Flood safety

Electrical safety during a flood

 

Storms and floods can damage the electricity network and interrupt your power supply. They can also cause considerable damage and create electrical hazards. If you see fallen powerlines never approach them - stay at least 8 metres or 2 car lengths away and call us on 13 13 88 and report life threatening situations by calling 000.

Content attributed to Powerlink, QLD: www.powerlink.com.au.

Stay safe during floods

Always assume fallen powerlines are live - do not approach them.

If powerlines are blown over or damaged by a cyclone, severe storm or flood water they can be dangerous. If powerlines are touching the ground or closer to the ground due to damage or flood heights, it is important to keep well away. Electricity from powerlines can jump or ‘arc’ through the air and travel to earth through your body, resulting in electrocution.

Stay away

Powerlines have a statutory exclusion zone which must be maintained at all times. If you are the first person to notice the fallen towers or powerlines, try and keep people away from the area. Explain that until the lines are tested and proven safe by an Electricity Authority they have the potential to injure people because of the electrical hazards.

Never approach

High voltages (up to as high as 500,000 volts are distributed over the transmission network and can cause flashover (“jump”), to earth which can result in injury or death and damage to equipment, and property.

Vehicles and Boats

You can still be exposed to electrical risks even within vehicles or boats. If a fallen powerline lands on an occupied vehicle or boat or gets caught under a vehicle always stay in the vehicle until the lines are proven safe. If it is a life threatening position, such as the car bursts into flames, jump out and land with both feet together, then hop away so that both feet are always together. 

After the flood

After the flood, be aware that towers and poles carrying power lines may have suffered damage and can be dangerous. Stay away from them until they have been proven safe.

Electricity towers and poles may become unstable, fall or cause overhead lines to sag. as a result of flood waters. Sagging overheads lines may still be “live”. Underground cables may become exposed by erosion or damaged. Any of these can pose risk of electrical shock to boats in flood waters and to vehicles and machinery.

Safe behaviour during flood waters

Treat all electrical equipment as live until advised otherwise by the electricty authority. Boat users must exercise greater caution when approaching overhead power lines. Boats used in flood conditions may unintentionally come closer to overhead powerlines than in normal conditions. As flood levels change, boat users are urged to look out for any powerlines in particular fallen or sagging powerlines. Maintain a safe distance from powerlines at all times.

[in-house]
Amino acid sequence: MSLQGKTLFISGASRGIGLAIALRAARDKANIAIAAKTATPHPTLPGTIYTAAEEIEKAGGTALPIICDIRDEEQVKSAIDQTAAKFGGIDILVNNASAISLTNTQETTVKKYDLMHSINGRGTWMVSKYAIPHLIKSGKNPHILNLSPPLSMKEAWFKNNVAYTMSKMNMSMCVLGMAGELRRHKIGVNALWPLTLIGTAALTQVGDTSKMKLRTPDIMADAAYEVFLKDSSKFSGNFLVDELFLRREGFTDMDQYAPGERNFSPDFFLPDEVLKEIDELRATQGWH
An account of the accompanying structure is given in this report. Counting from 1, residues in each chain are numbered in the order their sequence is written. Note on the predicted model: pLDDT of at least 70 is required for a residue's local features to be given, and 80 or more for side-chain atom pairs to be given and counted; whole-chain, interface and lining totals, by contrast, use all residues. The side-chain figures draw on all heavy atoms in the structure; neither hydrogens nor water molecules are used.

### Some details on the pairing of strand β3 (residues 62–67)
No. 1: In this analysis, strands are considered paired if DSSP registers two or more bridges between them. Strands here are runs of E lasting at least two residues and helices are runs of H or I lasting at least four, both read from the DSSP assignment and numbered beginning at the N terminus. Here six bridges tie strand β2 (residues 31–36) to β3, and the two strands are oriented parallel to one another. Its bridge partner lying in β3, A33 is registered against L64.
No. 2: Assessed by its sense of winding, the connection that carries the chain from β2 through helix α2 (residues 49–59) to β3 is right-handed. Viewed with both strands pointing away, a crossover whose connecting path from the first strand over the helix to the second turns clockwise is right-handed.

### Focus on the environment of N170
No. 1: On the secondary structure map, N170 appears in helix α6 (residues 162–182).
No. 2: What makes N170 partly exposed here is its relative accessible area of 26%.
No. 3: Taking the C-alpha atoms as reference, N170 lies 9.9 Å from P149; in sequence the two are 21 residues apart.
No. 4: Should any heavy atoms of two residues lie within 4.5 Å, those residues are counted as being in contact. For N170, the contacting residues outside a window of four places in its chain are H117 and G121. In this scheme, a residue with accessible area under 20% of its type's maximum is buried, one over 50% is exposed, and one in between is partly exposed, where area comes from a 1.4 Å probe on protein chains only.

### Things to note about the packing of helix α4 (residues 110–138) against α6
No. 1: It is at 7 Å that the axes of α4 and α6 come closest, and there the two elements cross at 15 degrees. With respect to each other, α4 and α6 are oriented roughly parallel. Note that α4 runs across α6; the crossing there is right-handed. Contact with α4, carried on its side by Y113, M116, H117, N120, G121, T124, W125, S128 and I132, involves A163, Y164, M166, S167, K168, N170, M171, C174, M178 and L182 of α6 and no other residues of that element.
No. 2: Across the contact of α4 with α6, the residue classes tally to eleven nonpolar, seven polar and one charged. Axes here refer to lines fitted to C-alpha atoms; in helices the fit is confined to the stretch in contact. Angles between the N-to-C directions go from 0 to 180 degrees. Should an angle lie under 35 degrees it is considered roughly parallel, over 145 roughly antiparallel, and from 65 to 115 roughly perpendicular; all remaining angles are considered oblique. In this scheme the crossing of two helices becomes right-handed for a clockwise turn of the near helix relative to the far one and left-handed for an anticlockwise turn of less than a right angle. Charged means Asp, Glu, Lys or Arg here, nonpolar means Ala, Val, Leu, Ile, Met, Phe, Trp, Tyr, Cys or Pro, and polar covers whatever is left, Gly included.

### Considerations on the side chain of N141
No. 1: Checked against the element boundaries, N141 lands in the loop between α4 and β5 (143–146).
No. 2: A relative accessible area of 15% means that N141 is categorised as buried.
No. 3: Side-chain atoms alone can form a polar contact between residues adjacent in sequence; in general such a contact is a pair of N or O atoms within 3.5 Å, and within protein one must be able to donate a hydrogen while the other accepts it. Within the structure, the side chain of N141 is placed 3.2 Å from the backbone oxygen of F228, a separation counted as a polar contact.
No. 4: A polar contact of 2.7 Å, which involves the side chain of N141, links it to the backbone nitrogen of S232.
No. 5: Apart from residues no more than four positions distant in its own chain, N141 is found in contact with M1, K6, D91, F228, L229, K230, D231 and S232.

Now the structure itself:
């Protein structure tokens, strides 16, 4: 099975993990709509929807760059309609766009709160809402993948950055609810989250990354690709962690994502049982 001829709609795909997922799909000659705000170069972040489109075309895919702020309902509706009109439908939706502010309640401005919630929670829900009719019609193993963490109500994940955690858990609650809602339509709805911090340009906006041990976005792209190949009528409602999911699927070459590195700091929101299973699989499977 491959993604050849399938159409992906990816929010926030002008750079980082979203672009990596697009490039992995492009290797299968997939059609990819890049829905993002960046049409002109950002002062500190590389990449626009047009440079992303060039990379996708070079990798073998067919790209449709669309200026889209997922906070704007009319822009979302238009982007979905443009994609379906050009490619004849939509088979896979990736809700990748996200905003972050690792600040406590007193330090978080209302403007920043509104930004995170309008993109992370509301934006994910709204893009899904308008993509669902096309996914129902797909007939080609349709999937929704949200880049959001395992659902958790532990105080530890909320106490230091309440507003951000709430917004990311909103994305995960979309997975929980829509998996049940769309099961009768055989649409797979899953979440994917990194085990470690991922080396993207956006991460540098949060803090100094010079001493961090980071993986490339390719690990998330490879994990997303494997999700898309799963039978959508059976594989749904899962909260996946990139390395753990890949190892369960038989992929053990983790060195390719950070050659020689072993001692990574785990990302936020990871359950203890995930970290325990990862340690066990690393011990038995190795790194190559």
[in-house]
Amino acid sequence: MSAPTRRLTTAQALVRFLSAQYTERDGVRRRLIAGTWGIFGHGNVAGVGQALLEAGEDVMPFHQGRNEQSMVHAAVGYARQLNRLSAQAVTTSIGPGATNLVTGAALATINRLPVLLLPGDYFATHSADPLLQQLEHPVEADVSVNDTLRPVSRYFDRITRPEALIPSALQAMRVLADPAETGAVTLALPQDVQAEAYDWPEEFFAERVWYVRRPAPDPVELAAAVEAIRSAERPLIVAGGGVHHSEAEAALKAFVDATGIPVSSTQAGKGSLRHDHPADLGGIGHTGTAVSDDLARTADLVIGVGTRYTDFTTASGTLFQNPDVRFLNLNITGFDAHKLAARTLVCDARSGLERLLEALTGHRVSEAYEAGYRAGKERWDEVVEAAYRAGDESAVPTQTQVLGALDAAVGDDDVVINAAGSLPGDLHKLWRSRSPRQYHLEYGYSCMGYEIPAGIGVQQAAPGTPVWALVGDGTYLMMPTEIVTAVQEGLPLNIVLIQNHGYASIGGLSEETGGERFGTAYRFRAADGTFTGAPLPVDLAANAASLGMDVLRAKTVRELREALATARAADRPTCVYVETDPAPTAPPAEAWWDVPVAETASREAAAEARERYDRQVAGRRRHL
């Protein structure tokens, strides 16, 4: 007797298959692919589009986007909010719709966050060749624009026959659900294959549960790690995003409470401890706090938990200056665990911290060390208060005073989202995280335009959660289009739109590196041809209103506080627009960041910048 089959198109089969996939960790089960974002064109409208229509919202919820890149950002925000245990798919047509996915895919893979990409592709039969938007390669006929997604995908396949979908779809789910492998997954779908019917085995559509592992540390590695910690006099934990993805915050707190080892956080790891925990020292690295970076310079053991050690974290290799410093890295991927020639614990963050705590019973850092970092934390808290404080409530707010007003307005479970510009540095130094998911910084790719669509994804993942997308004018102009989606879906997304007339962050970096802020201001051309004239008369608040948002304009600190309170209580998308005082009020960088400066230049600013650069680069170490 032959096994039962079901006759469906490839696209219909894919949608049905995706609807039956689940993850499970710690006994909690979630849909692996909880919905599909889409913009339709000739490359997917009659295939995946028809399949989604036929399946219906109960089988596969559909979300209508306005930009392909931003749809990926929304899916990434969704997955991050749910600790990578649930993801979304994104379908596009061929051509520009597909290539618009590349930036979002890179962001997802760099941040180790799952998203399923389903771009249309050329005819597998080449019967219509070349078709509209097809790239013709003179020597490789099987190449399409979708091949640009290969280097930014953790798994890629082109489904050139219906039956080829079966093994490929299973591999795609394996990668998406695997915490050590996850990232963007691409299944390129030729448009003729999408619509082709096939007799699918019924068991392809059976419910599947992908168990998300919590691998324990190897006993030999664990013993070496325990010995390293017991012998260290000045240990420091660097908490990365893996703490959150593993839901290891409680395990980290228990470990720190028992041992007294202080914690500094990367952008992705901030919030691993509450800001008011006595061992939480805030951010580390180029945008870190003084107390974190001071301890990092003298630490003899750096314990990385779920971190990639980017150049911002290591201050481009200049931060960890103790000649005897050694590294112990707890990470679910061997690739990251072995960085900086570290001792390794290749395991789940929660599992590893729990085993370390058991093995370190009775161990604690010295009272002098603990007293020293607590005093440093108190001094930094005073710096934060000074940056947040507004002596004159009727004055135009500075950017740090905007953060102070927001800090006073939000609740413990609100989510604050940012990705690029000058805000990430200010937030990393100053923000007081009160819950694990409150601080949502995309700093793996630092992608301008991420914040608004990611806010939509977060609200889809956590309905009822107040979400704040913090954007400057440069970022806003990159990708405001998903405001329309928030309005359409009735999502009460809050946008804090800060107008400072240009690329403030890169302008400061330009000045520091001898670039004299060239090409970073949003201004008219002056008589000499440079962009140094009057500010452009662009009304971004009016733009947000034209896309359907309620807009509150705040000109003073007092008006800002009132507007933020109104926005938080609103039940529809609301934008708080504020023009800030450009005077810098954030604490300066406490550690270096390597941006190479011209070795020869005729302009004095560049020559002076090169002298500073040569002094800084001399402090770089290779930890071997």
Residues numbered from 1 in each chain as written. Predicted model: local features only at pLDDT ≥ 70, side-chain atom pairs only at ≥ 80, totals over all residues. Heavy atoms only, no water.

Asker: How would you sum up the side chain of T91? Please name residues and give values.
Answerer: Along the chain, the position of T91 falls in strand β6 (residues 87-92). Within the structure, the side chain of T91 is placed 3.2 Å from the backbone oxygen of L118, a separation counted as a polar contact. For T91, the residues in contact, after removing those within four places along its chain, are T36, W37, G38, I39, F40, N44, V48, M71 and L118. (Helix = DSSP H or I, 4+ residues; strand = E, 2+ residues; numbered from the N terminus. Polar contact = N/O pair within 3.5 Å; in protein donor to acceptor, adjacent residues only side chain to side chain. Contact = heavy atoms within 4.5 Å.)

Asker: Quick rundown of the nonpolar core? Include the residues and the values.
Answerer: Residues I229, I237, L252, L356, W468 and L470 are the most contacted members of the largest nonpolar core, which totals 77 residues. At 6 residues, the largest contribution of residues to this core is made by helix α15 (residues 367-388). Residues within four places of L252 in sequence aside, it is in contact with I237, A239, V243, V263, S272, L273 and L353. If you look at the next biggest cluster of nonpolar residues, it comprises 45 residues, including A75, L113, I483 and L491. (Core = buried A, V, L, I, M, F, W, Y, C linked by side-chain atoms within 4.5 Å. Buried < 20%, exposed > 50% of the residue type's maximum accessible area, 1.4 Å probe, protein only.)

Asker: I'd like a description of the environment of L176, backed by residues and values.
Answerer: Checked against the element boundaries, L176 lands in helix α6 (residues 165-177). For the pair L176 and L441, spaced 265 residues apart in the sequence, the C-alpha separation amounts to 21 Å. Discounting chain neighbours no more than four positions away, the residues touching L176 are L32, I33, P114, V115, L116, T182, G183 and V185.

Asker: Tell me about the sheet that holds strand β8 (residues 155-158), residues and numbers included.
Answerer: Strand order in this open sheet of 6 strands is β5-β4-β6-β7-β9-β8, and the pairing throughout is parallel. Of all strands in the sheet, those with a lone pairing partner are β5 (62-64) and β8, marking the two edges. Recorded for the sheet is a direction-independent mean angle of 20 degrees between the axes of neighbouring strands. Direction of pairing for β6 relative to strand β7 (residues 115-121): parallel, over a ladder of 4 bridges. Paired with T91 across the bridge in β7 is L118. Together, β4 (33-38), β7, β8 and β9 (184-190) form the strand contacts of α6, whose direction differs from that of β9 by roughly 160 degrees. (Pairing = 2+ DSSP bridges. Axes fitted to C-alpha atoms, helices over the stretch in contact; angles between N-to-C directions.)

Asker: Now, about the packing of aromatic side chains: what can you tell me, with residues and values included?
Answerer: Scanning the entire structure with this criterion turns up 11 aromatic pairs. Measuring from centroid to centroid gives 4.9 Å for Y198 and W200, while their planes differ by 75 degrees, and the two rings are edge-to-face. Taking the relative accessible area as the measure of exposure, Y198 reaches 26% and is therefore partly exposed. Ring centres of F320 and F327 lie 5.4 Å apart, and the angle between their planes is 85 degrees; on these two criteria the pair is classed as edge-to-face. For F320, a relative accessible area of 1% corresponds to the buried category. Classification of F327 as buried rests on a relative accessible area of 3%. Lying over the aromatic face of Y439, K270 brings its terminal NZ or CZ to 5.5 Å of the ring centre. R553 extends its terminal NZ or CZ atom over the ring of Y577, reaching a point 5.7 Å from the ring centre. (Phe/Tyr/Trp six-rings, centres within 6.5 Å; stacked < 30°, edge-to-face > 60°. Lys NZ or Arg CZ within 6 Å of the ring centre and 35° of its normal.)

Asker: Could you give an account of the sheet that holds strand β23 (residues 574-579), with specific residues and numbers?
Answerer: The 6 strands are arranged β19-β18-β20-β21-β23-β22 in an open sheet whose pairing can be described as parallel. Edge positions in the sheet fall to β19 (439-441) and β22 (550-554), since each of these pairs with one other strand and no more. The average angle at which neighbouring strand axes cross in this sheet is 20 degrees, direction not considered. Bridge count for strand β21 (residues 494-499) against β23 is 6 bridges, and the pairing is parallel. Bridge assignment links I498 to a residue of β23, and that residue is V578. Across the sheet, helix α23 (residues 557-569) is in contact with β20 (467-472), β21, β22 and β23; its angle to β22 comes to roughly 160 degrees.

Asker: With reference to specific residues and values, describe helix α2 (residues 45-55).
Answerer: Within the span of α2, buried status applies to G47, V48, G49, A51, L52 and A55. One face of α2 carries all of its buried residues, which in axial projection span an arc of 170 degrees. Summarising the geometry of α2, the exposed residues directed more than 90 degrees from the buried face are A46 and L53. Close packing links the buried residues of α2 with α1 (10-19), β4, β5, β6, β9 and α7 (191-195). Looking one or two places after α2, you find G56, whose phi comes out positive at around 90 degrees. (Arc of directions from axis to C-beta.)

Boat safety during floods

Do not steer your boat across powerlines that are in the water. There is risk of entanglement, the possible presence of electricity, and the potential that the powerlines may spring or shoot upwards due to the lines still being under tension.

If your boat is wooden or fibreglass, do not touch the water or metallic parts of the motor when near fallen wires or poles. There is potential that the electricity is still present and may present a further danger. Trees fallen across the power lines could also be “live”. Do not try to pull trees or branches clear. It is not safe to use an oar to push away, lift or move
powerlines.

Only cross under overhead lines where there is plenty of clearance distance between the highest point between the boat and the lines. The acceptable clearance distance depends on the voltage of the overhead line. A general rule of thumb is that you maintain an 8 metres clearance distance. In some circumstances the electricity distributor might approve a reduced clearance down to as low as 2.4 metres. However, this would only be where the network is deemed to be electrically intact and where they have fully assessed other relevant factors.

If you are in a boat and the powerlines fall into or across your boat, do not touch them. Do not get out of the boat as you may be creating an electrical path for the electricity to pass through to ground. Call emergency services on 000.

When driving power vehicles across flooded or water logged areas do not drive your vehicle across the fallen lines. If powerlines have fallen across or become entangled in your vehicle, remain inside your vehicle and call for help. If you are in immediate danger, (i.e. the wires are crackling or moving, or your vehicle is on fire), open the door and jump clear keeping your hands off the vehicle and both your feet together, and hop away until at least 10 metres away from your vehicle. Warn everyone to stay away from vehicles where power lines may have fallen across the vehicle.